Roy Porter was my first big interview when I first started Night Journey Rewind. This drummer, composer, author was a very close friend of mine who has played and recorded with Jazz Legends such as;
C. Parker, H. Mcgree, M. Davis, T. Edward, the list goes on.
Roy Porter also was a historian focusing on the Bebop era, in Central ave Los Angeles, CA during the 1940's and 50's.
Porter was born in a small mining town, but moved to Colorado Springs with his mother at the age of 8, following the death of his father. He was
brought up there,
and subsequently attended Wiley College in Texas, where the trumpeter Kenny Dorham was one of his fellow students.
His early influences on drums were the swing era giants Gene Krupa and Chick Webb, and he began playing in rhythm and blues bands as a teenager. He moved to Los Angeles in 1944, where he played with guitarist Teddy Bunn's Spirits of Rhythm band, before linking up with the modernist quintet led by trumpeter Howard McGhee in 1945.
Bebop was just coming to fruition as a form at that time, and Porter was an enthusiastic convert to the new ways. His opportunity to link up with Charlie Parker arrived when Dizzy Gillespie brought a quintet from New York to play a famous residence at Billy Berg's club in Hollywood, which featured the saxophonist. Parker remained in Los Angeles after the trumpeter and his colleagues returned home, and began a series of recordings for the small independent record label run by record producer, Ross Russell, who also became the saxophonist's biographer.
Genuine bebop drummers were in short supply on the West Coast, and Porter was an obvious choice for the first session on 28 March, 1946, which yielded historic takes of "Ornithology", "A Night in Tunisia", "Yardbird Suite" and "Moose The Mooche".
Parker eventually returned to New York, while Porter continued to work with McGhee until 1947, and then with two more of the leading bebop musicians on the west coast, Teddy Edwards and Dexter Gordon (including a stint with the tenor saxophonist in New York). He was a regular on the highly active after hours scene on Los Angeles's Central Avenue in the mid-40s, and in 1948 put together a highly ambitious modernist big band which included several emerging jazz greats in waiting, notably Chet Baker, Art Farmer, and Eric Dolphy, as well as Teddy Edwards, Jimmy Knepper, Herb Geller, and Harold Land.
We humbly invite you to sit back, relax and enjoy this interview with the late and great, a good friend Roy Porter.
Now Please sit back, relax and listen to the latest episode of Night Journey Rewind;
Chico Freeman was born into a musical family, his father Von Freeman is the legendary tenor saxophone player, and his uncles George Freeman and Bruz Freeman play guitar and drums respectively. His grandfather George Freeman Sr played piano and was a close friend of Louis Armstrong, his grandmother Earle Kree Freeman was a gospel singer who sang with Mahalia Jackson and The Clara Ward Singers. Chico earned a mathematics scholarship to Northwestern University, but also played trumpet in the school jazz band. He quickly learned that his heart was elsewhere and eventually studied the tenor saxophone 8 to 10 hours a day until confident enough to challenge the sax section. He switched to a music major, and a great tenor player was born. He graduated with a degree in music with proficiencies in saxophone, trumpet, and piano.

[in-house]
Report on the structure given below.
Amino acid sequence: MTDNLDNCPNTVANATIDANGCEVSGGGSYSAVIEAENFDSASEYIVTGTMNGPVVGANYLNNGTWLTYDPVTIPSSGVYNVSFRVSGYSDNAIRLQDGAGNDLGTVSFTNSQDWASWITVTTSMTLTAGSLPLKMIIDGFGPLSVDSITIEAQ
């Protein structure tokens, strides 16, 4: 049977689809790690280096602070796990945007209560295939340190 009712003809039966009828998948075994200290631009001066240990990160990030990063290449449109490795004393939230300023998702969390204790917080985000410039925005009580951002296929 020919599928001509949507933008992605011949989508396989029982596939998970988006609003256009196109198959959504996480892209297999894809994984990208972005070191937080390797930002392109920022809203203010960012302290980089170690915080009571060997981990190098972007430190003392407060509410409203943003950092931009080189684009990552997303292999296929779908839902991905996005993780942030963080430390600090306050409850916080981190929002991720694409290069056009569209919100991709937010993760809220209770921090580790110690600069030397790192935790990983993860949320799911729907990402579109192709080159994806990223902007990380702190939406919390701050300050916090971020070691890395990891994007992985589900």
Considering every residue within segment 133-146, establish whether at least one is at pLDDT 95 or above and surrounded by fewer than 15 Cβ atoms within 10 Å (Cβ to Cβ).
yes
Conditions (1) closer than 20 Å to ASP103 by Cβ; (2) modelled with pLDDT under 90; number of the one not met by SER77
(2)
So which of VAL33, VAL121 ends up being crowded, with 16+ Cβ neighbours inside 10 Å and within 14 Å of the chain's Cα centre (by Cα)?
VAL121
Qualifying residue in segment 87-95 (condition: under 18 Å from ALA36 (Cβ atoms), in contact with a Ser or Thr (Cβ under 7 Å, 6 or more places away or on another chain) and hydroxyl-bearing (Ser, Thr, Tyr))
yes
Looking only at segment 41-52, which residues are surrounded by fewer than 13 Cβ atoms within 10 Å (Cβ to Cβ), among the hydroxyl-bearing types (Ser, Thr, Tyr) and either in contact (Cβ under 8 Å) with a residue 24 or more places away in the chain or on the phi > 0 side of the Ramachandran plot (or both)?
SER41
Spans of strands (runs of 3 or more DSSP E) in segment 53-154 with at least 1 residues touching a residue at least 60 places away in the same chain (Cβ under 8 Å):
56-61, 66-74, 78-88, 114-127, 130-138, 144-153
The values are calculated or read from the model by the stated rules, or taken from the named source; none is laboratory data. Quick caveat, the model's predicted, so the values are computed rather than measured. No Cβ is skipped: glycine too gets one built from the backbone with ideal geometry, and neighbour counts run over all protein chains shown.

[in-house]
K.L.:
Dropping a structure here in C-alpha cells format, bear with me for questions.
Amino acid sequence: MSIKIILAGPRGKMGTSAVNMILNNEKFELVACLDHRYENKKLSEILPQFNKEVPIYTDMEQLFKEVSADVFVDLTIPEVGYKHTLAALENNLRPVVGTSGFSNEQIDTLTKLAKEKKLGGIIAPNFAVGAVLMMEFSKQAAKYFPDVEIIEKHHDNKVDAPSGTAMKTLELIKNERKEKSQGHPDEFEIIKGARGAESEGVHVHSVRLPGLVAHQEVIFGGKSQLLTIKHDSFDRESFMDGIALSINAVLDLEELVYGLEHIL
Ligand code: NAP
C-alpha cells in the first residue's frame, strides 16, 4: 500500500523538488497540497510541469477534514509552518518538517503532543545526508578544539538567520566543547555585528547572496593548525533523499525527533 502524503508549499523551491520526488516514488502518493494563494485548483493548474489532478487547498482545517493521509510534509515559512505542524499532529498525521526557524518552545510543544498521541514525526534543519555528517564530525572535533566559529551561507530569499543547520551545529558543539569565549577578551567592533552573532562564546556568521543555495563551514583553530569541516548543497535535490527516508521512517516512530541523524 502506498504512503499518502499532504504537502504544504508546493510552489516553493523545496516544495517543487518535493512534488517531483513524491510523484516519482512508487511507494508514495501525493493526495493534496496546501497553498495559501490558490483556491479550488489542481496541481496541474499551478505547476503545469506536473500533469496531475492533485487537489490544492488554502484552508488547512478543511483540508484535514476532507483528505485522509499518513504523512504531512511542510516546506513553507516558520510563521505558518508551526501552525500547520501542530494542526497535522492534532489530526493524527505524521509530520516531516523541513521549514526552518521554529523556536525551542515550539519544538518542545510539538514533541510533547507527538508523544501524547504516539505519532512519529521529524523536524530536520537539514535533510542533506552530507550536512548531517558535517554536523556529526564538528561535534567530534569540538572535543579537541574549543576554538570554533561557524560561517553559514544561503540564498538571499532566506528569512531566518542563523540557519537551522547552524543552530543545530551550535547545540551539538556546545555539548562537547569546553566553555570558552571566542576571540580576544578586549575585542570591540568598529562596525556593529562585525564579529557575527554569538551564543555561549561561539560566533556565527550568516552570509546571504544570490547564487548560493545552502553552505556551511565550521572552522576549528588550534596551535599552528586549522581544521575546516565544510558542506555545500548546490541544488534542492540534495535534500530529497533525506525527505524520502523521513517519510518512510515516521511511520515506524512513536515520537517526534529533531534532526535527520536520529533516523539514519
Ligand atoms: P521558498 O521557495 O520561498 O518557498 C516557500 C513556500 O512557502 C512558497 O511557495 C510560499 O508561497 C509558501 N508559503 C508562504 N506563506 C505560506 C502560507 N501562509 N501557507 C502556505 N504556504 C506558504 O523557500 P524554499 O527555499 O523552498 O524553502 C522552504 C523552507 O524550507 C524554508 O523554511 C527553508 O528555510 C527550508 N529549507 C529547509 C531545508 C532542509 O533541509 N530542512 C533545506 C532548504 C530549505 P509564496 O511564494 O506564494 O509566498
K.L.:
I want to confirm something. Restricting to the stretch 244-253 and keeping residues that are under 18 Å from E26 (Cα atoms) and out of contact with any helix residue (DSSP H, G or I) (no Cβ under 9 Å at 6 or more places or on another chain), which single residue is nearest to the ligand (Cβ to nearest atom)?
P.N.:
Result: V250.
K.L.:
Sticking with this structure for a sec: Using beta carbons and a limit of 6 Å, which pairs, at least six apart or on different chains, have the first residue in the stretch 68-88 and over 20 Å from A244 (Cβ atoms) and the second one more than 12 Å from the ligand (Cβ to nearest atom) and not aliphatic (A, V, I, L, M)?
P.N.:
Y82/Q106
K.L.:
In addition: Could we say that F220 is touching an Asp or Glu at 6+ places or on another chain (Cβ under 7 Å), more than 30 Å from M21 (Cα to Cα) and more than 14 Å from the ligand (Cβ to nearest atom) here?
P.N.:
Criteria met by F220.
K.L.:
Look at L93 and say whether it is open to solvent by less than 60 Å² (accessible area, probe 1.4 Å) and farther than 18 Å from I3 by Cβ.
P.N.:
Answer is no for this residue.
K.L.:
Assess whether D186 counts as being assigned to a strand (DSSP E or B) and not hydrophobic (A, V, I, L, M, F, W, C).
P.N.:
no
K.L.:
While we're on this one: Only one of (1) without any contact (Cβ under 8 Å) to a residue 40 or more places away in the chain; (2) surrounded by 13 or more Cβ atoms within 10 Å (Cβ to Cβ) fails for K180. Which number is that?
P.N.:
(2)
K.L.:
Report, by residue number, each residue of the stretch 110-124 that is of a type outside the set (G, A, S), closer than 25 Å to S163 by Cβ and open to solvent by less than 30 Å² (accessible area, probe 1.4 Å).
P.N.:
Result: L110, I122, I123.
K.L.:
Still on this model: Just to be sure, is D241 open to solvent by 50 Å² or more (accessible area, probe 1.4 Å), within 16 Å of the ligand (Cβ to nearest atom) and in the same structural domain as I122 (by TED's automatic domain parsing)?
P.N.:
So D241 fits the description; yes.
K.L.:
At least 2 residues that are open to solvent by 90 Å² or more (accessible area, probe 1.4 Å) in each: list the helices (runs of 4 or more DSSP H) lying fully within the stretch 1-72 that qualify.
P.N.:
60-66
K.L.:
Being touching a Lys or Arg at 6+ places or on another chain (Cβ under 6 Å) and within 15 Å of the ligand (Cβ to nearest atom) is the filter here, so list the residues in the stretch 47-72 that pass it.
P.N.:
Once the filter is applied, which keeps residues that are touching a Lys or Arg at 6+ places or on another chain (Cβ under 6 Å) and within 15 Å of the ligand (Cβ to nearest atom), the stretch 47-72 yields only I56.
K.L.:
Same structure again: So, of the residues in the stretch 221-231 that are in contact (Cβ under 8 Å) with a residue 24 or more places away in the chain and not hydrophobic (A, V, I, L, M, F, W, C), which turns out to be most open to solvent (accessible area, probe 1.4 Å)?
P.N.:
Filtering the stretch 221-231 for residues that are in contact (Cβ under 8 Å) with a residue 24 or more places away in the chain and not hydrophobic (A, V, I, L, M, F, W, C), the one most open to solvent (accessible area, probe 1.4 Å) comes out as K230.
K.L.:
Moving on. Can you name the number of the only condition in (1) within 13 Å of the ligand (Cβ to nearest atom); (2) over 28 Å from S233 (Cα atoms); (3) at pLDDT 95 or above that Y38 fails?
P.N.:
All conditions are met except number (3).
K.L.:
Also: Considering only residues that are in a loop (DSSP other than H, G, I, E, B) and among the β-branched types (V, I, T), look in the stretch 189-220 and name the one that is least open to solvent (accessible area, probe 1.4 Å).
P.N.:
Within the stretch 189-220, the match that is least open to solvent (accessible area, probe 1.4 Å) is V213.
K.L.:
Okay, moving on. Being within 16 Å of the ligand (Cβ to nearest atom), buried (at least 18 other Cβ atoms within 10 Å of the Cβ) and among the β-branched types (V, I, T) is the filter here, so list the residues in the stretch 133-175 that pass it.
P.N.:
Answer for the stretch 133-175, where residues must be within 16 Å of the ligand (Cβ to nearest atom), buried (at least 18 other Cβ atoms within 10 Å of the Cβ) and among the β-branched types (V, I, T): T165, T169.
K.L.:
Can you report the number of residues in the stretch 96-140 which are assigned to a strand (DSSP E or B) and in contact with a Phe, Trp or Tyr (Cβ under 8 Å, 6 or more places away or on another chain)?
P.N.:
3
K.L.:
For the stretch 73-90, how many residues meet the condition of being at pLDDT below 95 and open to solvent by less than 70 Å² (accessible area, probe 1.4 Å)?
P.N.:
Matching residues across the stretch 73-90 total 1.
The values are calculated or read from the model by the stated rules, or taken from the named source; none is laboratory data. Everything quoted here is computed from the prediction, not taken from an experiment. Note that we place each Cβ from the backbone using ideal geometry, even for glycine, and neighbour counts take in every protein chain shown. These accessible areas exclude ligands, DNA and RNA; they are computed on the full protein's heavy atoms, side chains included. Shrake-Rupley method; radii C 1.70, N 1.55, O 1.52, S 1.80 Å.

Following studies in advanced composition and theory, he began teaching elementary and intermediate courses at the Chicago-based AACM (Association for the Advancement of Creative Musicians) School of Music. While playing with the Governor’s State Jazz Band at the Inter-collegiate Jazz Festival in South Bend, Indiana, he won awards as best soloist and best saxophonist. He also won the opportunity to tour Brazil in 1976 with the winning group.
Although jazz was the first music Freeman was exposed to, many of his early professional gigs were at Chicago clubs with such blues artists as Memphis Slim, and Lucky Carmichael. Freeman went on to play with pop and R & B greats The Temptations, The Four Tops, Jackie Wilson, The Dells, The Isley Brothers, and The Eurythmics. In 1976 Freeman released his first album as a leader, titled Morning Prayer. In 70’ he moved to New York City, where he had the opportunity to play with Elvin Jones, Sun Ra, Sam Rivers’ Big Band, and Don Pullen. He also led his own groups and soon developed his own style. Between 1975 and 1982 he began to gain recognition, recording a dozen albums, including Spirit Sensitive, No Time Left, Peaceful Heart Gentle Spirit, Freeman & Freeman (with his father), Destiny’s Dance, Tradition in Transition, and The Search. During this time he won the New York Jazz Award, and the Stereo Review Record of the Year for The Outside Within.
In June of 1982 he participated in a legendary concert at Lincoln Center as part of The Young Lions. The group included many shining stars from the jazz culture of the 1980s, including Wynton Marsalis, Paquito D’Rivera, Kevin Eubanks, Anthony Davis, and others. The group produced an album on which Freeman played nearly every cut and also he composed a 14-minute piece called “Whatever Happened to the Dream Deferred,” which was called “one of the best of the album” by the New York Times.